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Ride Along

D: Tim Story / 99m

Cast: Ice Cube, Kevin Hart, John Leguizamo, Bruce McGill, Tika Sumpter, Bryan Callen, Laurence Fishburne

There’s a moment in Ride Along where the viewer – even if they’ve only ever seen one other mismatched buddy-cop movie – has to say to themselves, “Whoa, hang on!”  The moment occurs when Ben (Hart) walks into a strip club convinced he’s dealing with a 126 (a nuisance call) and finds two guns pointed at him.  He doesn’t realise he’s in trouble and berates the two gunmen and challenges them to shoot him (he even throws in some reverse-racist taunting as well).  It’s the moment when the viewer has to throw his or her hands up in the air and say to themselves, “Okay, I know this isn’t the best mismatched buddy-cop movie in the world, but really, am I supposed to believe Ben is this dumb?”  Sadly, the answer is yes.

Ride Along is yet another dispiriting movie where the premise of two mismatched people having to work together to solve a mystery or crime is trotted out with ever decreasing results.  Ben is planning to marry Angela (Sumpter) but first has to get the approval of her brother, James (Cube).  James is a cop and thinks Ben isn’t good enough for Angela; he’s also trying to track down and apprehend a mysterious criminal called Omar (Fishburne).  Ben wants to impress James, and lets him know he’s been accepted to the police academy.  In an effort to dissuade him, James invites Ben on a ride along, a day spent with James to see if Ben has what it takes to be a police officer.

Ride Along - scene

There’s no prizes for guessing that while Ben makes mistake after mistake, he still manages to stumble onto clues that help James get closer to catching Omar.  It’s a tried and tested (and trusted) formula, but here it’s so wrung out and poorly plotted that even the average viewer is going to shake their head in disappointment.  It’s the same problem that most of these movies have to overcome: just how dumb or stupid does the main character have to be, and yet still be able to credibly help resolve whatever problem, crime or investigation is at the centre of the movie.  Hart is a promising talent – he’s like a less high-pitched Chris Tucker – but as Ben he’s unable to show a through line to both parts of the character.  He plays video games and it’s this that’s supposed to help him when he and James get into a firefight; but other than being able to recognise the sounds different guns make, it’s baffling how this could be of any real benefit, yet it’s treated like a major asset (and then only as briefly as it will take to read this).  Hart also falls into the trap of thinking that if he shouts something loudly enough it will be funny (it’s not).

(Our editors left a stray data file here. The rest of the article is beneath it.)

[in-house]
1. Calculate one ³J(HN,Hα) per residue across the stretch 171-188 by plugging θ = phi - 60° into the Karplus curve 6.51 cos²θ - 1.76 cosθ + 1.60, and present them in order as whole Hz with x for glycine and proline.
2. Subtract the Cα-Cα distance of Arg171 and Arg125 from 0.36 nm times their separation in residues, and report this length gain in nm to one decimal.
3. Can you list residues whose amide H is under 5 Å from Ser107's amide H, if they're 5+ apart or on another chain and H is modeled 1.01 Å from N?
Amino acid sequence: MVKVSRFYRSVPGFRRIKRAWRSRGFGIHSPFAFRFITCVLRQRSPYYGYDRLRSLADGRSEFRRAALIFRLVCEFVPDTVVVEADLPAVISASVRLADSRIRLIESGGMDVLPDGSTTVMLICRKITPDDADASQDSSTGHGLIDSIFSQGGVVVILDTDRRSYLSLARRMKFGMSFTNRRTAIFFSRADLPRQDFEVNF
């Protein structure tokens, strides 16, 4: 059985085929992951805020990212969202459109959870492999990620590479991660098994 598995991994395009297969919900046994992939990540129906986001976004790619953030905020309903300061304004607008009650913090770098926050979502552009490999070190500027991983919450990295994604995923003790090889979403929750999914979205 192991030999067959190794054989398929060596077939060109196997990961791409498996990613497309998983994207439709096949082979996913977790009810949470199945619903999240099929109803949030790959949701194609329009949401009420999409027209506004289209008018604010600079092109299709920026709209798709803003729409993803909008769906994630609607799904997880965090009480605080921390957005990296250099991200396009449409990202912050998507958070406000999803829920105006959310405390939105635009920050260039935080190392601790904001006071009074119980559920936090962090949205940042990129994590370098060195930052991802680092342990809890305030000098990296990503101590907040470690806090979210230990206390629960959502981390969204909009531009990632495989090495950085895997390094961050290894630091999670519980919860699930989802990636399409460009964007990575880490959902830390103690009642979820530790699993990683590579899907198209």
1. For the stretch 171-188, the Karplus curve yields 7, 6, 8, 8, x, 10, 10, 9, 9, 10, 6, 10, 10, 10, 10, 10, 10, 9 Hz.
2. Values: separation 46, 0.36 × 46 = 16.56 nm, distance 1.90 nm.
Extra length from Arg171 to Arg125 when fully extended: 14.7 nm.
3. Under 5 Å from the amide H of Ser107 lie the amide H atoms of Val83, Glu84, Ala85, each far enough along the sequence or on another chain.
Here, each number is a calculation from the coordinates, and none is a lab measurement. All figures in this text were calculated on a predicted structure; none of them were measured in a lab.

Cube clumps through the movie like it’s a contractual obligation, using his trademark scowl as if it’s the only piece of characterisation he needs.  He has two expressions: mad and angry, and he uses them like weapons to batter the other characters.  It’s like watching someone who’s been told he’s got a week to live and the only item on his bucket list is to be as miserable as the situation demands.

With scenes that either outstay their welcome after a couple of minutes, or fail to advance or add to the storyline, Ride Along stutters and stumbles its way from the  lacklustre, poorly edited opening action sequence to the ridiculous denouement that inevitably involves Angela being put in danger by Omar.  By that point, anyone who’s stayed the distance will be hoping Omar wins out and shoots both Ben and James so that we don’t have to endure the inevitable – and recently announced – sequel.

Further down the cast list we have John Leguizamo, an actor with such a varied range and filmography that he can be forgiven his involvement here, while Fishburne pops up to provide unconvincing menace as Omar.  In the director’s chair, Tim Story brings a journeyman’s approach to the material, failing to add anything special to proceedings and shooting in a predictable, straightforward style.  It all adds up to something that’s actually less than the sum of its parts.

Rating: 4/10 – a dire retread of an already overworked “comedy” formula, Ride Along is about as rewarding as a cold sore; derivative, embarrassing and just plain bad.